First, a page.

Professor Pia Hargrove Displays Hand-Made Quilt in New York University Art Exhibit

Pia Raymond Hargrove, LMSW

“Wise Hearted Hands” by Pia Raymond Hargrove, LMSW

The NYU Silver School of Social Work faculty member shares the story behind her sewn passion project.

I began the piece under careful instruction from a fellow social worker and quilter and then had the honor of finishing the piece with my paternal grandmother upon visiting her in North Carolina.”

— Pia Raymond Hargrove, LMSW

NEW YORK CITY, NEW YORK, UNITED STATES, February 15, 2024 / — Art and social work draw many parallels. Both amplify marginalized voices, tackle social justice issues, create empathy and cultural understanding, promote healing, and strive to change the world.

With an appreciation for these similarities and more, licensed master social worker Pia Hargrove is proud to display the values of the practice in a sentimentally hand-sewn quilt. Affectionately known as “Professor Pia,” the educator, speaker, and activist features her artistic talents during the “Threads of Loving” art exhibition held at New York University’s Silver School of Social Work, where she is the 2022-2024 inaugural faculty champion.

Her wall hanging patchwork quilt titled “Wise Hearted Hands” is a vibrant piece made with a combination of locally sourced cotton and Ankara fabric, which represents the textures and patterns of her African and indigenous heritage.

According to Hargrove, the quilt was completed with her paternal grandmother shortly before her passing. The NYU professor recalls embracing the pearls of wisdom shared by Beathina Hargrove as a gifted storyteller. Highlighting her cherished work comes full circle as Hargrove learned to quilt as an NYU Silver School graduate student.

“‘Wise Hearted Hands,’ was created in a community of women during my first-year social work practicum at Maimonides Medical Center where we gathered during our lunch break to craft,” she said. “I began the piece under careful instruction from a fellow social worker and quilter and then had the honor of finishing the piece with my paternal grandmother upon visiting her in North Carolina.”

Channeling creativity into artistic talent is nothing new for this Brooklyn native. Before her years as Professor Pia, she owned a custom engraving shop working with a variety of glass, acrylic, metals, marble, and ceramic to craft awards and gifts. Hargrove also previously designed her own line of apparel and accessories made of fabrics, wire, and semi-precious gemstones.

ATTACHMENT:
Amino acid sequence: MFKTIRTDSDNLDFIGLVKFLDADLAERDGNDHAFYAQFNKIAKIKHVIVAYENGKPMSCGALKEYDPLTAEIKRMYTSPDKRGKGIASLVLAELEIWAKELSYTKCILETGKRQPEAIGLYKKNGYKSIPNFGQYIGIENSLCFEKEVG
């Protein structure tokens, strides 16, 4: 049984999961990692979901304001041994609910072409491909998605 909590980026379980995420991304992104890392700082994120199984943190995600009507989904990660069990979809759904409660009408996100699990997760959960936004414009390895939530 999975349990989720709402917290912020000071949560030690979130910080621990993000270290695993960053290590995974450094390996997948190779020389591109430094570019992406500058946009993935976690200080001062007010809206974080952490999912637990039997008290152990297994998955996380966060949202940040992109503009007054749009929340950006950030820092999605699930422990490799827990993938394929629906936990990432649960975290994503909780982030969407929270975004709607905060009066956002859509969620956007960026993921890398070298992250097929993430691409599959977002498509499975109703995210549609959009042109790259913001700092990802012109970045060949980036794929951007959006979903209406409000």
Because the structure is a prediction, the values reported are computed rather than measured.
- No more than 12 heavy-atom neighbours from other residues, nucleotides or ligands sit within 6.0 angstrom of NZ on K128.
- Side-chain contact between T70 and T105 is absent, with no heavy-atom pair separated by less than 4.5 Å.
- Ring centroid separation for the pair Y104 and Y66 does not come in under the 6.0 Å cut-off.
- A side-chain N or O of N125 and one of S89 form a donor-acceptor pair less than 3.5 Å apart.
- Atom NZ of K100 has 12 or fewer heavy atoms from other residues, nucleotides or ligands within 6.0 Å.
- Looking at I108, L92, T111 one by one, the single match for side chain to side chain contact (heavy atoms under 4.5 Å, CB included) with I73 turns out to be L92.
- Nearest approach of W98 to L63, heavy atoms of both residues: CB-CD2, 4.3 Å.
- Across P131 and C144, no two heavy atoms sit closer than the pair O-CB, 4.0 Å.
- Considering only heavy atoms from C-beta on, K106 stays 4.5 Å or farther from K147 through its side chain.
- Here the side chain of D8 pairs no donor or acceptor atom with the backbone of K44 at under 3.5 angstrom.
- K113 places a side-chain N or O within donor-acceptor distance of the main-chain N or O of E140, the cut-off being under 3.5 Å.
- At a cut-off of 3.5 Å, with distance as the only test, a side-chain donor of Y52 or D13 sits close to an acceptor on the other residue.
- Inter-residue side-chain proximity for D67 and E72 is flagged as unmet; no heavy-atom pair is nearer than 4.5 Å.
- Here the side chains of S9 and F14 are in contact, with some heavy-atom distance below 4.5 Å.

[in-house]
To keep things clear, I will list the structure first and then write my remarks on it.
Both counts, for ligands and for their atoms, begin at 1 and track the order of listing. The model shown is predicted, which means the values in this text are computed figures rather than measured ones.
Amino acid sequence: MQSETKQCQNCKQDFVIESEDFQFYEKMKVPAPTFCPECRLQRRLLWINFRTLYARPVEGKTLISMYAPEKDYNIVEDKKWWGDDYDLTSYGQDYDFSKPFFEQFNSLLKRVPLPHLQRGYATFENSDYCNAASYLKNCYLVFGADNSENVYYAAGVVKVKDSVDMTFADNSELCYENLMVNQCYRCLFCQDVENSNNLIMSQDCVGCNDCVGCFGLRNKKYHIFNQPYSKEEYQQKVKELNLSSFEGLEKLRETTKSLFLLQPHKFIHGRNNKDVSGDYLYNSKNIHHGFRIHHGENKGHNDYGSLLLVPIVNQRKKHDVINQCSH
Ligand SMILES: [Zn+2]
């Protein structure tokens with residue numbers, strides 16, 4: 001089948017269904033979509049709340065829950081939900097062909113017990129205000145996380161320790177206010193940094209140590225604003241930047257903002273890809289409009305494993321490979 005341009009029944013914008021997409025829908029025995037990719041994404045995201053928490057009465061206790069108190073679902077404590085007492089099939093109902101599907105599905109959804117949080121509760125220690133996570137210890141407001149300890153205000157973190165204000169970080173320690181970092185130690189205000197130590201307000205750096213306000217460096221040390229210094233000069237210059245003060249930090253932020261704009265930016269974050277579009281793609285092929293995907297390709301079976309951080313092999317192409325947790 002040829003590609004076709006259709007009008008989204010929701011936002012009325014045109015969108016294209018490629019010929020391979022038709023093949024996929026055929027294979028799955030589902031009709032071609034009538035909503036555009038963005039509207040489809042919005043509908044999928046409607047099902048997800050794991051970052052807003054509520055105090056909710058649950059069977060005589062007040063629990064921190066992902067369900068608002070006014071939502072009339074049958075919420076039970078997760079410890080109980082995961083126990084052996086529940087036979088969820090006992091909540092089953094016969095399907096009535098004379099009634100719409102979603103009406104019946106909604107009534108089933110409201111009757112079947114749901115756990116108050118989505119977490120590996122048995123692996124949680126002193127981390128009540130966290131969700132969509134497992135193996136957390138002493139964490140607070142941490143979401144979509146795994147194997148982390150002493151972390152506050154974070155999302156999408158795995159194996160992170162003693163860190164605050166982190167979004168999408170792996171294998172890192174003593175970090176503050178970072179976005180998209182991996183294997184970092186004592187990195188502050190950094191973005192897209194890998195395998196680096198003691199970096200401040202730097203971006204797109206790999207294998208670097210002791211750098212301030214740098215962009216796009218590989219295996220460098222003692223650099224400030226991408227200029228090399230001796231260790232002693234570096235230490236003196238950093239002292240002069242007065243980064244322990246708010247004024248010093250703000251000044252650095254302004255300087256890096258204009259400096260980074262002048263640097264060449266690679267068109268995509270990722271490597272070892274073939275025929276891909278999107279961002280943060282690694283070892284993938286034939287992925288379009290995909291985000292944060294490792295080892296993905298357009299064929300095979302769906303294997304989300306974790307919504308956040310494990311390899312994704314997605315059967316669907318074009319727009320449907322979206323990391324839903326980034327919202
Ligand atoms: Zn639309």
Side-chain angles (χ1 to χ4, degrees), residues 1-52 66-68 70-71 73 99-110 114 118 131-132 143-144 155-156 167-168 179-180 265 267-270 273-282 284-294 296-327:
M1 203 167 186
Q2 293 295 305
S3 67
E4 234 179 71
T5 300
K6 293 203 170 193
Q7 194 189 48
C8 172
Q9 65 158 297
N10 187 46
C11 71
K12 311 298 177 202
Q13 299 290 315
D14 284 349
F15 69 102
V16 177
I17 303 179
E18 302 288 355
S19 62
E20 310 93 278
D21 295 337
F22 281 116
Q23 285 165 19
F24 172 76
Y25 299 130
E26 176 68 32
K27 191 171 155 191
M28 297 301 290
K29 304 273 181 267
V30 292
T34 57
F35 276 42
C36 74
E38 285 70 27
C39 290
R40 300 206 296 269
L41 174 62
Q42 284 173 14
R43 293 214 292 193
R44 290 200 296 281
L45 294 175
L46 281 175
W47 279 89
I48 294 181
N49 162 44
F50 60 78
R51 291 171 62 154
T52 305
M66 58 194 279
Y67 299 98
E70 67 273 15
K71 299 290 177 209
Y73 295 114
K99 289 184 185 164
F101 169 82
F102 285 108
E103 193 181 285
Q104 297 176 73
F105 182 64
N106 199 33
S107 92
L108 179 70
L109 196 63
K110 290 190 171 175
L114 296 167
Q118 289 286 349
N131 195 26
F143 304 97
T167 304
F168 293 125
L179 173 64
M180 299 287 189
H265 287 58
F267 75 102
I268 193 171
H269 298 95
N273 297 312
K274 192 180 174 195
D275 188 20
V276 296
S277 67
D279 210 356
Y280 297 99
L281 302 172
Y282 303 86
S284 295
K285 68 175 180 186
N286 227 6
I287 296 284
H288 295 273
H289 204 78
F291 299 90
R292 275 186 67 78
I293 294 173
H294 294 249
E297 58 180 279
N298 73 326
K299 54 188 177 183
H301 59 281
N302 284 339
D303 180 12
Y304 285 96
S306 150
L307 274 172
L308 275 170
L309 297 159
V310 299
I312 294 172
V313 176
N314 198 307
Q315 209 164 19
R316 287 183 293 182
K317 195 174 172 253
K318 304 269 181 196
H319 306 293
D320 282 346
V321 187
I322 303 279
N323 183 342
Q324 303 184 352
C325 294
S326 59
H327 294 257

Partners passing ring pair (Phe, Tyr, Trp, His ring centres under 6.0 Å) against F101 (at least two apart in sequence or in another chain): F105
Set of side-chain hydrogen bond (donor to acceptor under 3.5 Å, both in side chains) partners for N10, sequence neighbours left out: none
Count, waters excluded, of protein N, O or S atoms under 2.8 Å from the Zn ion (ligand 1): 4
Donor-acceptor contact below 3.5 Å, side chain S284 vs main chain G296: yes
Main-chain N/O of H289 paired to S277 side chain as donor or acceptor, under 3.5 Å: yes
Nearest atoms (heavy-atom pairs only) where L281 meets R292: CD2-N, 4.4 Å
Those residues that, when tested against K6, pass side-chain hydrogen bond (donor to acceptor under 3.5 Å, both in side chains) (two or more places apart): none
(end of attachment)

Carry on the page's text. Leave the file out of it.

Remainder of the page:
“Threads of Loving” is open at the New York University Silver School of Social Work in the lower-level student lounge, located at 1 Washington Square North, New York, NY 10003. For those looking to meet the artist and professor, she has been invited to organize and co-facilitate the closing reception on Tuesday, March 5 from 5 to 7:30 p.m.

Outside of the exhibition, “Wise Hearted Hands” will appear in the Johns Hopkins digital magazine, The Hopkins Review along with the creative piece she wrote about the quilt. The feature will also include an audio file of Professor Pia voicing the script.

More about Professor Pia Hargrove: New York licensed master social worker Pia Hargrove is an award-winning educator, speaker, and activist with over two decades of experience serving diverse communities. As a professor at New York University’s Silver School of Social Work she mentors and advises on the needs of immigrant communities and those reflective of the African Diaspora. Outside the lecture hall, over 800,000 listeners tune into her monthly segment “Mental Health First Fridays,” on Caribbean Power Jam’s radio show, “The Reset.” Hargrove’s other speaking engagements include voicing the film “Semata,” for the international exhibit, “An Archaeology of Disability” in addition to appearing as a guest on podcasts and other online platforms. In 2012 she founded the non-profit organization Creating Legacies, which inspires community building through nurturing entrepreneurs and offering families diverse social and educational experiences. The following year, Hargrove became a children’s author publishing the book, Celebrate Smiles. As an activist, she ran for New York City Council in 2017 and continues community organizing through leadership in several civic organizations including the New York City Hate Crimes Review Panel.

Farah M. Saunders
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